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Creating a Four-State Button With the Flash Timeline and ActionScript 3.0

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Difficulty:IntermediateLanguages:

This tutorial came about after looking online for help with the very same topic. A lot of people seem to be asking the same question, but it was hard to find a neatly packaged set of instructions to follow.

So, like any decent netizen, I cobbled together this article, gaining inspiration from a couple of other blogs and using experience from some trial and error on my own. And now I offer it to you, hoping this will end your own search.

This tutorial uses Flash CS4 in combination with ActionScript 3.0, but you can apply these principles in Flash CS3. It presumes you already have a pretty good handle on creating animations in the timeline and a fair understanding of how to apply ActionScript to the timeline.

The aim is to have a navigation button in the form of a tab, tucked away to the side, for stepping backwards through an image presentation. I want it to slide open, change color and display its label. When the user clicks on it, it will navigate back one slide. If the user mouses out before clicking on it, it will slide back to its original position and color.

Note: remember to save often to avoid starting from scratch should something go wrong.

Limits of the Button Symbol

Flash gives you the ability to create a button symbol, but it's limited to three states: Up, Over and Down. There is also Hit which defines the interactive area around the button. This is fine for most uses of a simple button. In fact, this button symbol is actually a member of the SimpleButton class. But what if you want to change the appearance of the button or animate it when the user mouses over and then mouses away without clicking? In that case, you will need a fourth state called Out.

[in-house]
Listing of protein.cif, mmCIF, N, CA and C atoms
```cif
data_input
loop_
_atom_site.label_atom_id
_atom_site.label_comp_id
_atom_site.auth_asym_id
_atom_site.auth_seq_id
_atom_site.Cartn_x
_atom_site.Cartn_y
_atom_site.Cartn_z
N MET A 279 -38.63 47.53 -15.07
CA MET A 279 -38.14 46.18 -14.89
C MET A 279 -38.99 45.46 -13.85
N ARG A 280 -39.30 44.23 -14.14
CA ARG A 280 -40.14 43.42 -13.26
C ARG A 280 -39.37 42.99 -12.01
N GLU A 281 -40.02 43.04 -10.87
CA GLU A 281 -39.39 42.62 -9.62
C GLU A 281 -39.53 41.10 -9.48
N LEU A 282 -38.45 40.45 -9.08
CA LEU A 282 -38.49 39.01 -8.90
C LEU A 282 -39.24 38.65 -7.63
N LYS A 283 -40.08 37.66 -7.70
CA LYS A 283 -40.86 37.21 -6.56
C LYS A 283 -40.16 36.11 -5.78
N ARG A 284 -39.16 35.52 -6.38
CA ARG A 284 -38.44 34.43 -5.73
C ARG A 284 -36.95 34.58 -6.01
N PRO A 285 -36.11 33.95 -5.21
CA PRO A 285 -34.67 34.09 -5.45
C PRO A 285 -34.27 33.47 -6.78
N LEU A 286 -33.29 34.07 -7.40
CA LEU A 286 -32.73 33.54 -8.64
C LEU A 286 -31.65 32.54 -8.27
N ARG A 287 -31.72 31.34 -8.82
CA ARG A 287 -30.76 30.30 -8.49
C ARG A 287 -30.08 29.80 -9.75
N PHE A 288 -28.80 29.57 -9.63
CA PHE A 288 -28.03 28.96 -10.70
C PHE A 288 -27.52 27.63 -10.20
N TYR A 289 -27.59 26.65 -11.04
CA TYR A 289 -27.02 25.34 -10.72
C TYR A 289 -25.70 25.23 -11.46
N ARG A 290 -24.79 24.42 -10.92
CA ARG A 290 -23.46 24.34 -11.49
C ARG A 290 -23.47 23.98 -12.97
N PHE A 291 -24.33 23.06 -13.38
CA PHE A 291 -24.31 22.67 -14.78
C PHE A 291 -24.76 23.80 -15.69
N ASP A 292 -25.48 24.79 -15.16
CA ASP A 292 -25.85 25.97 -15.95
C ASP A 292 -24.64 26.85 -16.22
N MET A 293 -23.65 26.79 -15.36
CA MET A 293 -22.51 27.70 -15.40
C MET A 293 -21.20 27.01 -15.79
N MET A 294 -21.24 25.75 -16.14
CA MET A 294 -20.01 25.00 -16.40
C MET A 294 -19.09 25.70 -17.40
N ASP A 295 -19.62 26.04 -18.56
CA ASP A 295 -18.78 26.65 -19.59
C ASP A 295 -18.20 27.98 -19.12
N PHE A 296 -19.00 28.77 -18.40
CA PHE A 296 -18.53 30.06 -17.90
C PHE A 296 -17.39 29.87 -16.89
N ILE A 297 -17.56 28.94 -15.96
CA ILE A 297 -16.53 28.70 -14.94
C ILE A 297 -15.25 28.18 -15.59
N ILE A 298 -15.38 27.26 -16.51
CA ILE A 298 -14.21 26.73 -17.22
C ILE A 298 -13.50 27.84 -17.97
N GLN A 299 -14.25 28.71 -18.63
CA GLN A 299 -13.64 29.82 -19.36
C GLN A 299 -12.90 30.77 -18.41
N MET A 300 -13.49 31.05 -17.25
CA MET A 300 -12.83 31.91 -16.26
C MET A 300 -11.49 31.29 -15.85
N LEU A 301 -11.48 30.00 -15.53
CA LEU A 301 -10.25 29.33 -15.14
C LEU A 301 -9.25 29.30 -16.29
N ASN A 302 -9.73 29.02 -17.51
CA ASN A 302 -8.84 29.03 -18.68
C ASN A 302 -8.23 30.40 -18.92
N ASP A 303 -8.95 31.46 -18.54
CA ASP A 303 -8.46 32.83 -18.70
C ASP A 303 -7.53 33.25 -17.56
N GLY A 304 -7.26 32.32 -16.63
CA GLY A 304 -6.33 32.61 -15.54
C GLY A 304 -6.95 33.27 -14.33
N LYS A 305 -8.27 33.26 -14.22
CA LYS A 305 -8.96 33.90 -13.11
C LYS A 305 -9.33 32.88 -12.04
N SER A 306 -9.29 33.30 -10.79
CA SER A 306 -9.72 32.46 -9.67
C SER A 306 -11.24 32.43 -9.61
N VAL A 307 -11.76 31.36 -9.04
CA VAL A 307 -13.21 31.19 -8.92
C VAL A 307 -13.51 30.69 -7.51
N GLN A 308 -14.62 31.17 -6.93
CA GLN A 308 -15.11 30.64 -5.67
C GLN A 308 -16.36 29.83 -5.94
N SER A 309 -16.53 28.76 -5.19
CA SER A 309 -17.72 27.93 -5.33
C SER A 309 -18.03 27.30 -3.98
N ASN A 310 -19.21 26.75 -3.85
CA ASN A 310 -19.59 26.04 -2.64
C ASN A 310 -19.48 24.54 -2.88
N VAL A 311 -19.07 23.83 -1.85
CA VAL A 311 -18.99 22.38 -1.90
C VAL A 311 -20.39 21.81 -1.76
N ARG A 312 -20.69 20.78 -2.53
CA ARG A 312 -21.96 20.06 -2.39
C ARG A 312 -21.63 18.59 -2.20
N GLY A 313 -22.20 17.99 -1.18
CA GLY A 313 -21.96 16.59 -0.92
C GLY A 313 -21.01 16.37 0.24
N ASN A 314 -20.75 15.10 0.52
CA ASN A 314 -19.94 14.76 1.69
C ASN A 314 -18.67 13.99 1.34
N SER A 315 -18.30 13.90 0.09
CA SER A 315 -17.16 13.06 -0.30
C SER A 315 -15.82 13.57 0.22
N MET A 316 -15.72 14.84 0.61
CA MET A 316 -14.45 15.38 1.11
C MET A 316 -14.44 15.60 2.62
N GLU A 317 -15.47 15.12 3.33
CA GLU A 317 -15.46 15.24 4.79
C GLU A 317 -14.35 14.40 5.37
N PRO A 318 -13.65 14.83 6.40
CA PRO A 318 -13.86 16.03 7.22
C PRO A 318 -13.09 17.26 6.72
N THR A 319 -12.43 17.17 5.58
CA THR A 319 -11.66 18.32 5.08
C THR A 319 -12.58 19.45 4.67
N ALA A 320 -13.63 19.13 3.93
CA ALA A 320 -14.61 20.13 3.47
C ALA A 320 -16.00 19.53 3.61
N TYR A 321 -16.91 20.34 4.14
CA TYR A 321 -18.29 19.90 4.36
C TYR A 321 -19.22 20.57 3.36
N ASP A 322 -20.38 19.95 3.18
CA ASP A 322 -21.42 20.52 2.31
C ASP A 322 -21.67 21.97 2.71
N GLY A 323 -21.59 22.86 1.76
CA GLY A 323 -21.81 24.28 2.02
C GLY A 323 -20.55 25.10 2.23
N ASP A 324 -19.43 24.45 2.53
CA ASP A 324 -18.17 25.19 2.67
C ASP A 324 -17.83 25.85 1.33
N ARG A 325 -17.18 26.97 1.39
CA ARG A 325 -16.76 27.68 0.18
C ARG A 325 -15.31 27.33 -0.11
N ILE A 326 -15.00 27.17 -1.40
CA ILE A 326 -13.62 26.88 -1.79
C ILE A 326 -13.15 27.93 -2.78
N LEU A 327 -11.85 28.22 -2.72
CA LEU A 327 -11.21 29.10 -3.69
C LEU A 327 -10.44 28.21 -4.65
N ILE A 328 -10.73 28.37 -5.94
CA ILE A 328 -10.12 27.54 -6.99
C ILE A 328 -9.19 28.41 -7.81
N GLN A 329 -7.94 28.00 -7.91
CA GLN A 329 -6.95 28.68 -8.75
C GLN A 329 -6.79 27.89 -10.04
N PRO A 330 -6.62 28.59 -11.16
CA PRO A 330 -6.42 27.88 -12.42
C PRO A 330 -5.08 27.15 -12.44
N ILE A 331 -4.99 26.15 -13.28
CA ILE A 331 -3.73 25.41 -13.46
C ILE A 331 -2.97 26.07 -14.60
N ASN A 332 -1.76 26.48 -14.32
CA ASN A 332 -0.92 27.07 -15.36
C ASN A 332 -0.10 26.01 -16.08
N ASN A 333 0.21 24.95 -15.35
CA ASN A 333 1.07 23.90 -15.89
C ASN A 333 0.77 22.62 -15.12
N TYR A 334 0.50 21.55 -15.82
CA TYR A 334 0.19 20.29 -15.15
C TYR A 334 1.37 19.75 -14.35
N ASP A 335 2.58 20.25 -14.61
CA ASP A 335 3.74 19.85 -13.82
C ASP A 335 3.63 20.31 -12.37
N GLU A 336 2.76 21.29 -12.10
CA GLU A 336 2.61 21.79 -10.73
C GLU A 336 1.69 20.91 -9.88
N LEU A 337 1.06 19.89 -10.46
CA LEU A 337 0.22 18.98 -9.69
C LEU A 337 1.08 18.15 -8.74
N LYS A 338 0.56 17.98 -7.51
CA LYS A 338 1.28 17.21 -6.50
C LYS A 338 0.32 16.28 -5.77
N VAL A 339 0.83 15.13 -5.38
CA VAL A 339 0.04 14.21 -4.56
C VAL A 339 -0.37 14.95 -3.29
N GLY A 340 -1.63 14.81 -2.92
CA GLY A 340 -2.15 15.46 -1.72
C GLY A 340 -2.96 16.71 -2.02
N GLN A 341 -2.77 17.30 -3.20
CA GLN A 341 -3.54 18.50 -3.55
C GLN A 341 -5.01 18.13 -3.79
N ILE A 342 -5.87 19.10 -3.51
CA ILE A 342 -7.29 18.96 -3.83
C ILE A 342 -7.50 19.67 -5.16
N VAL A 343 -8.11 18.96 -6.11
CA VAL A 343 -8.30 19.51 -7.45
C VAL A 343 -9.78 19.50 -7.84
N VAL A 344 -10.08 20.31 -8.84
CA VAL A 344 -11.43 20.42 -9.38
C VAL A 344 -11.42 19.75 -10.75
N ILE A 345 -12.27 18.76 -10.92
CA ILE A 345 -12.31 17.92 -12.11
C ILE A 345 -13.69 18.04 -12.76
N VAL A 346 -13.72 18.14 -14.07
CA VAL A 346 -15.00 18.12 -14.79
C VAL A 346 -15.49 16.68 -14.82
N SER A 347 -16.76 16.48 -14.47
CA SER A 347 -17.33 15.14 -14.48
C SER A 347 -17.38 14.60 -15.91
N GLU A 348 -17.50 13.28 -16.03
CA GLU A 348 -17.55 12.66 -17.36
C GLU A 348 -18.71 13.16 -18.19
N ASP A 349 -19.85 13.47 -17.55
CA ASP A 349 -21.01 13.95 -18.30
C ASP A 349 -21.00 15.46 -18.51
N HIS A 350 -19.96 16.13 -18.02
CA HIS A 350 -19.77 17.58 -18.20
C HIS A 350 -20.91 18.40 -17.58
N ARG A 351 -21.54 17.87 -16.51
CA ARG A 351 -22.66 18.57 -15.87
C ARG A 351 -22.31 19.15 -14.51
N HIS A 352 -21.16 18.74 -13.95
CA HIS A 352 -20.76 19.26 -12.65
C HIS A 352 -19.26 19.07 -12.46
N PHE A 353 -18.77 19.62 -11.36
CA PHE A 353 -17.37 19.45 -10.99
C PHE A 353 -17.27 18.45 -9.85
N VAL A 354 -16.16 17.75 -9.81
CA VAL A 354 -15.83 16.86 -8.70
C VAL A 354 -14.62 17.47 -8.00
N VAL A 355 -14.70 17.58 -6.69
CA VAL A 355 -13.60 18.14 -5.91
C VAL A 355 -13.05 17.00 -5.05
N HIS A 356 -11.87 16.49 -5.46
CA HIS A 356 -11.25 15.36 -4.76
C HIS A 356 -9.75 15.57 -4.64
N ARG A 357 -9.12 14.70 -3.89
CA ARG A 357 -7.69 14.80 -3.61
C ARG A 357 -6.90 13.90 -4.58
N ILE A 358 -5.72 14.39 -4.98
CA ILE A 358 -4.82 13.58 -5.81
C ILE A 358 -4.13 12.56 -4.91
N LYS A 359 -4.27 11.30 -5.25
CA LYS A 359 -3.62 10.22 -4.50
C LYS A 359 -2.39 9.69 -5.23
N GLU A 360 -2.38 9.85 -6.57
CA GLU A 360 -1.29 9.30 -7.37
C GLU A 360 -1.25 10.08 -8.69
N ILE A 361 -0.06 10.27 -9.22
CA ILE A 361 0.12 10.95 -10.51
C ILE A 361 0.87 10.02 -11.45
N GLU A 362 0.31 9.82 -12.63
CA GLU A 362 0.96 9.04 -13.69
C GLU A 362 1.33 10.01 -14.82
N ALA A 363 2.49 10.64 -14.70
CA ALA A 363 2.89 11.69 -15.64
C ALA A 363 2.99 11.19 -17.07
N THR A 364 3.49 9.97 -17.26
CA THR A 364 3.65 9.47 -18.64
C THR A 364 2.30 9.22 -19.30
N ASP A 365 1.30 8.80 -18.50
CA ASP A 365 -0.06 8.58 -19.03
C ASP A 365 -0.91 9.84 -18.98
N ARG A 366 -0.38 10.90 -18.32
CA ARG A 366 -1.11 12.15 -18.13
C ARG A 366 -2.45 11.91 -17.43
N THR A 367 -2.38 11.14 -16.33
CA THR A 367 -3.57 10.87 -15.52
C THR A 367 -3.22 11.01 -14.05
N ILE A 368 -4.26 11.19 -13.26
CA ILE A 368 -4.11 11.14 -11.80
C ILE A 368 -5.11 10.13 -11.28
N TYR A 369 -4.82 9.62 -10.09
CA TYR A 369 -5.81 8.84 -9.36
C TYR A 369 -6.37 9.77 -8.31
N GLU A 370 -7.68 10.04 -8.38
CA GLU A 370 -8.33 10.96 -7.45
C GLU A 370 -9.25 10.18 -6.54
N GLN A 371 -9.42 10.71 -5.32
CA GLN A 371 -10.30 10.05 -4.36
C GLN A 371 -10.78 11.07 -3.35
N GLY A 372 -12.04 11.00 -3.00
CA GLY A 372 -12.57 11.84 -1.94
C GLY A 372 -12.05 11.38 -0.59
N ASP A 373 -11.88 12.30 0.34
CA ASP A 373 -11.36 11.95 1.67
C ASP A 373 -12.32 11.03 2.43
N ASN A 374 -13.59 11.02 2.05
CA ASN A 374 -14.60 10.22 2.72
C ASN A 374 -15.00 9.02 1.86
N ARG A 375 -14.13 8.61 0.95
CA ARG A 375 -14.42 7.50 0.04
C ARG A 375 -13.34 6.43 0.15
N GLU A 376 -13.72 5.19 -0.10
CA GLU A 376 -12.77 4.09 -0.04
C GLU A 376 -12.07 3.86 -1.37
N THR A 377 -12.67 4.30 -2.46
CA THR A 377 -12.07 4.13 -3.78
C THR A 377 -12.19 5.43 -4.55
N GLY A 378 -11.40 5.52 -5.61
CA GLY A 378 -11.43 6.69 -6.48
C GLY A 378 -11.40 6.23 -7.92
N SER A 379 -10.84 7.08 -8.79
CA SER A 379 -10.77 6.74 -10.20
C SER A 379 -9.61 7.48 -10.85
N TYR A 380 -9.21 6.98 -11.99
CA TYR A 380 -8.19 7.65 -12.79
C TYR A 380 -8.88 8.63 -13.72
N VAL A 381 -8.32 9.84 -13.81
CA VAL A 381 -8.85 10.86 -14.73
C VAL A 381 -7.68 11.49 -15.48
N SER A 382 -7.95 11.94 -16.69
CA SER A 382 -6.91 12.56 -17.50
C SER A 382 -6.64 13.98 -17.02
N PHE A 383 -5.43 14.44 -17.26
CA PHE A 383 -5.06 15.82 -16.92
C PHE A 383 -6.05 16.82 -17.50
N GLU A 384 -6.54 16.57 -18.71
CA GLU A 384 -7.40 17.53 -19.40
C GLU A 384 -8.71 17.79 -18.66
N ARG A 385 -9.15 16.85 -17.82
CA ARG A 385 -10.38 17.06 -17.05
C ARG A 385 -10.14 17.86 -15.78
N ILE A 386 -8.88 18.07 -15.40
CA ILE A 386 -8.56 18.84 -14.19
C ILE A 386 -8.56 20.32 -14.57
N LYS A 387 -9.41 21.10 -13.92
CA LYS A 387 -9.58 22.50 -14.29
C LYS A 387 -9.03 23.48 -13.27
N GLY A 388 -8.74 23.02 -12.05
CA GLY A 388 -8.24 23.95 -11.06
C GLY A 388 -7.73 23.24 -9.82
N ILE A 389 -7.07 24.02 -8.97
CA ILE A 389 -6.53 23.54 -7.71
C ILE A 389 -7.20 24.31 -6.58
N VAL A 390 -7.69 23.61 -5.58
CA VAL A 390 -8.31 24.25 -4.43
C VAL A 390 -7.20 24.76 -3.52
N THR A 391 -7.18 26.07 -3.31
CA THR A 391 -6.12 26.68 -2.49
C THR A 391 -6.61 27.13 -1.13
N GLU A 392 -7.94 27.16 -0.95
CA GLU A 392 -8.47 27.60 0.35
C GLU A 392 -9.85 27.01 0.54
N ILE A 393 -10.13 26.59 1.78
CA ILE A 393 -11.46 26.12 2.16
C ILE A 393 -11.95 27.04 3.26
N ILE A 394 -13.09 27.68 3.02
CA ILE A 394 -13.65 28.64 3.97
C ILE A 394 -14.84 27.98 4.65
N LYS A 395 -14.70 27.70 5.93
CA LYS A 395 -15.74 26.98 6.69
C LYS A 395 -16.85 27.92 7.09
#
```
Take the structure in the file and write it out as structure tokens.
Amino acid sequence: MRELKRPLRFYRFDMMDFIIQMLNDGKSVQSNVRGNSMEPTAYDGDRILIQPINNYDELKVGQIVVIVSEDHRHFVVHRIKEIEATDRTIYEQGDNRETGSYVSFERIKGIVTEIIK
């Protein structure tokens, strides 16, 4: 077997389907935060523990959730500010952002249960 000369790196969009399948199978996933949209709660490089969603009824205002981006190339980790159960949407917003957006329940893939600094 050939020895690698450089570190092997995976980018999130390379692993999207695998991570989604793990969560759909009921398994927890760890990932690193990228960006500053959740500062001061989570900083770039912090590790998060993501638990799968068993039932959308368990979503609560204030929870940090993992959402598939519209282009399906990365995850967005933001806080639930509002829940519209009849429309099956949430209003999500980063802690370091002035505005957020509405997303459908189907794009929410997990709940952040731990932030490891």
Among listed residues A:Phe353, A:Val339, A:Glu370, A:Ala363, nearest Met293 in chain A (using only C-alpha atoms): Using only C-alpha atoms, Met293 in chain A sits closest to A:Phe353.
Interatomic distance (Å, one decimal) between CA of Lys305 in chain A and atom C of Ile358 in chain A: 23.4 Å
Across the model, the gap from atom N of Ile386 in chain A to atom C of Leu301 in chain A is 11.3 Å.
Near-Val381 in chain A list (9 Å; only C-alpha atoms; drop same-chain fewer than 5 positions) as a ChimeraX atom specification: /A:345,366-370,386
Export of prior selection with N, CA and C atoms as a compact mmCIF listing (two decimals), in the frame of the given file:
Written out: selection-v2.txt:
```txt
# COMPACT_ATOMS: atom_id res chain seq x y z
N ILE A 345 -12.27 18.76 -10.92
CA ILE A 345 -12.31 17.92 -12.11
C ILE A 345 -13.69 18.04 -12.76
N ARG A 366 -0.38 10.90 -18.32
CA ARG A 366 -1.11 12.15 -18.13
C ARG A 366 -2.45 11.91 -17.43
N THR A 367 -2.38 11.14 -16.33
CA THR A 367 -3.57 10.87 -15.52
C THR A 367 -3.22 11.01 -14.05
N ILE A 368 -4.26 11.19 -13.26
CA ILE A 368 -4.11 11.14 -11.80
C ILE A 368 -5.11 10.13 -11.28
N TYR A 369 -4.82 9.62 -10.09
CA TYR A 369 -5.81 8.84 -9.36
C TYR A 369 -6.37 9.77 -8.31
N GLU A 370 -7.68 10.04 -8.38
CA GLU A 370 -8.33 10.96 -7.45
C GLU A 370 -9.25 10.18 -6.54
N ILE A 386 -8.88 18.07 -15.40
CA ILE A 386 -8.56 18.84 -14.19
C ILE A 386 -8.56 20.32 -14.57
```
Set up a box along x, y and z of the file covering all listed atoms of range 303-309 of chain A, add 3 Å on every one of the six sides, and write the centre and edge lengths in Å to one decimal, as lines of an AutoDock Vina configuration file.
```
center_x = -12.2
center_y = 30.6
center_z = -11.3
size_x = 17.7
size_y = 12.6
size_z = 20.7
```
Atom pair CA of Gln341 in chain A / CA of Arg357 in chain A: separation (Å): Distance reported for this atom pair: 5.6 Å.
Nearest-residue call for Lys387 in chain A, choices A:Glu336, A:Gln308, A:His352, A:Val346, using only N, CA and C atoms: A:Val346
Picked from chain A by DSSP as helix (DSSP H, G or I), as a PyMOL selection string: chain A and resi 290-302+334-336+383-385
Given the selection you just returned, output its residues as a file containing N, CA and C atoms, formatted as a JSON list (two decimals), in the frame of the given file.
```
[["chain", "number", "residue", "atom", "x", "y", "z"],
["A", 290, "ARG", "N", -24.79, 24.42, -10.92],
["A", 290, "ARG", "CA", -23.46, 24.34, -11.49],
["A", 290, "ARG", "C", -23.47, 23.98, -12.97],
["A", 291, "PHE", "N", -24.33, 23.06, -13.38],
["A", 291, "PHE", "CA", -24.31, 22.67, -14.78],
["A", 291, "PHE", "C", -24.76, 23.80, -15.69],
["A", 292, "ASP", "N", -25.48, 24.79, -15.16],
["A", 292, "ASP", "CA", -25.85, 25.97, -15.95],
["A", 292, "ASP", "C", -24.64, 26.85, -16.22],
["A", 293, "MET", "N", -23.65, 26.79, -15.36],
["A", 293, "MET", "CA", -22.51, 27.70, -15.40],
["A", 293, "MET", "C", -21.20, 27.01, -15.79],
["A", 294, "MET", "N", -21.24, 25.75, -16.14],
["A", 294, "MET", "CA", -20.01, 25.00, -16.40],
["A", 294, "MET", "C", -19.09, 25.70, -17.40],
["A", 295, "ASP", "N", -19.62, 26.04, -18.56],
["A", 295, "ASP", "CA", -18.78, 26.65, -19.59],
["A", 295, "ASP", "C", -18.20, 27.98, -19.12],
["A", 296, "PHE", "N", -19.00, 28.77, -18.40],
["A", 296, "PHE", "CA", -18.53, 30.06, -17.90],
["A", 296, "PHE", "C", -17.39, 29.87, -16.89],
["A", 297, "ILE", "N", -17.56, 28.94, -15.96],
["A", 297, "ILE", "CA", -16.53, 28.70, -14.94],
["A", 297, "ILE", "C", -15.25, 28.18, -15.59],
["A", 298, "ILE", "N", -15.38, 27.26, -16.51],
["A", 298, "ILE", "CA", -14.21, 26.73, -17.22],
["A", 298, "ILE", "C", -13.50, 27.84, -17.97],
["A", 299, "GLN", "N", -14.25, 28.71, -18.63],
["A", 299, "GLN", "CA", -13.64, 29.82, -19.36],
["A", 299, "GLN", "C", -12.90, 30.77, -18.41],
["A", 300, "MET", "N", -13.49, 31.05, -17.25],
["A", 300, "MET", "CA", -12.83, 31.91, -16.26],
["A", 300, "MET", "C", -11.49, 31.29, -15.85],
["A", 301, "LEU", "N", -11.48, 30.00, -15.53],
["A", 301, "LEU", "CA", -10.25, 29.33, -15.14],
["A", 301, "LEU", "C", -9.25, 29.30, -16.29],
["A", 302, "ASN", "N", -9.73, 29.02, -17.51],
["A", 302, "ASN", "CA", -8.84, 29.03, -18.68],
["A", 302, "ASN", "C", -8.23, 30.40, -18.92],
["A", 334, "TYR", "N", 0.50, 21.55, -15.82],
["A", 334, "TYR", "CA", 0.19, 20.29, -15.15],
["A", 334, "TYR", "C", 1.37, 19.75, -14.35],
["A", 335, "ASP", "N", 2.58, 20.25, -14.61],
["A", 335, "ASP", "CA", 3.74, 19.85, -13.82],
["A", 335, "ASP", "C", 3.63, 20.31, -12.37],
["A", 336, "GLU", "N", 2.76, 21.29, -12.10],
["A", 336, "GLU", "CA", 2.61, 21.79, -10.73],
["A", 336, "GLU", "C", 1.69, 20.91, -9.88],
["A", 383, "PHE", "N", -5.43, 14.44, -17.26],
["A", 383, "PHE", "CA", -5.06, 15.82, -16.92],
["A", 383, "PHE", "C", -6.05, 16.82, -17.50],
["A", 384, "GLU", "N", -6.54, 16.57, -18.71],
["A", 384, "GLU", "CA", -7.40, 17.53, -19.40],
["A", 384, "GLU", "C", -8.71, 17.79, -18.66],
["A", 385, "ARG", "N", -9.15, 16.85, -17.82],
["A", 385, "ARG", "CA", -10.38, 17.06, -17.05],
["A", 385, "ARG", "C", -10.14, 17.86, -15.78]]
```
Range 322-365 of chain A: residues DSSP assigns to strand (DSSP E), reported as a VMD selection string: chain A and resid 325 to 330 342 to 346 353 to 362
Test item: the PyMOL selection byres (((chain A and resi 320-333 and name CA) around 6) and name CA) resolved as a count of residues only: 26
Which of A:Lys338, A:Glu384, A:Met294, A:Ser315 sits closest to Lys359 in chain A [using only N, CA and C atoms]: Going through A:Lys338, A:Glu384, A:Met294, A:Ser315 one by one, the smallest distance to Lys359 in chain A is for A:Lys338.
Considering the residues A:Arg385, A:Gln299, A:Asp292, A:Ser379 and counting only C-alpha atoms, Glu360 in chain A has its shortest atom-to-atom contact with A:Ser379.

The built-in button symbol sadly doesn't have an out state.

Here's the takeaway: any symbol, like a graphic symbol or a movie clip symbol, can become a button. You just need to apply the proper ActionScript. In this tutorial, a movie clip will be turned into a button with four states.

Step 1: Storyboard or Sketch the Button

It will make your life a lot easier if you already have a clear visual idea of how your button will behave in each of the four states. Sketch it out on paper or use Illustrator or Photoshop to prototype the visual elements which can in turn be imported into Flash. This is a bit of work up front, but it's a lot better than working blind and having to go back and fix something because the concept wasn't thought through logically.

Step 1

Step 2: Set Up the Document

Create a new document and choose Flash File (ActionScript 3.0). Set up the stage with the proper size and background color.

Step 2

Step 3: Create an Empty Movie Clip Symbol

Instead of creating a button symbol, we'll create a new movie clip symbol. Press Control-F8 (Command-F8 on a Mac) or choose Insert > New Symbol from the menu. We'll call it "four state button".

Step 3

Step 4: Add an Actions Layer

In the "four state button" movie clip, add a new layer and call it "actions".

Step 4

Step 5: Add Labels for the Four States

Create another layer and call it "labels". Insert four blank keyframes at roughly equal intervals just enough so that you can leave enough room to read each label. Here I've put them at 20 frame intervals. Give label names of up, over, down and out in the Properties panel. These will be your button states.

Step 5

Step 6: Create Action Keyframes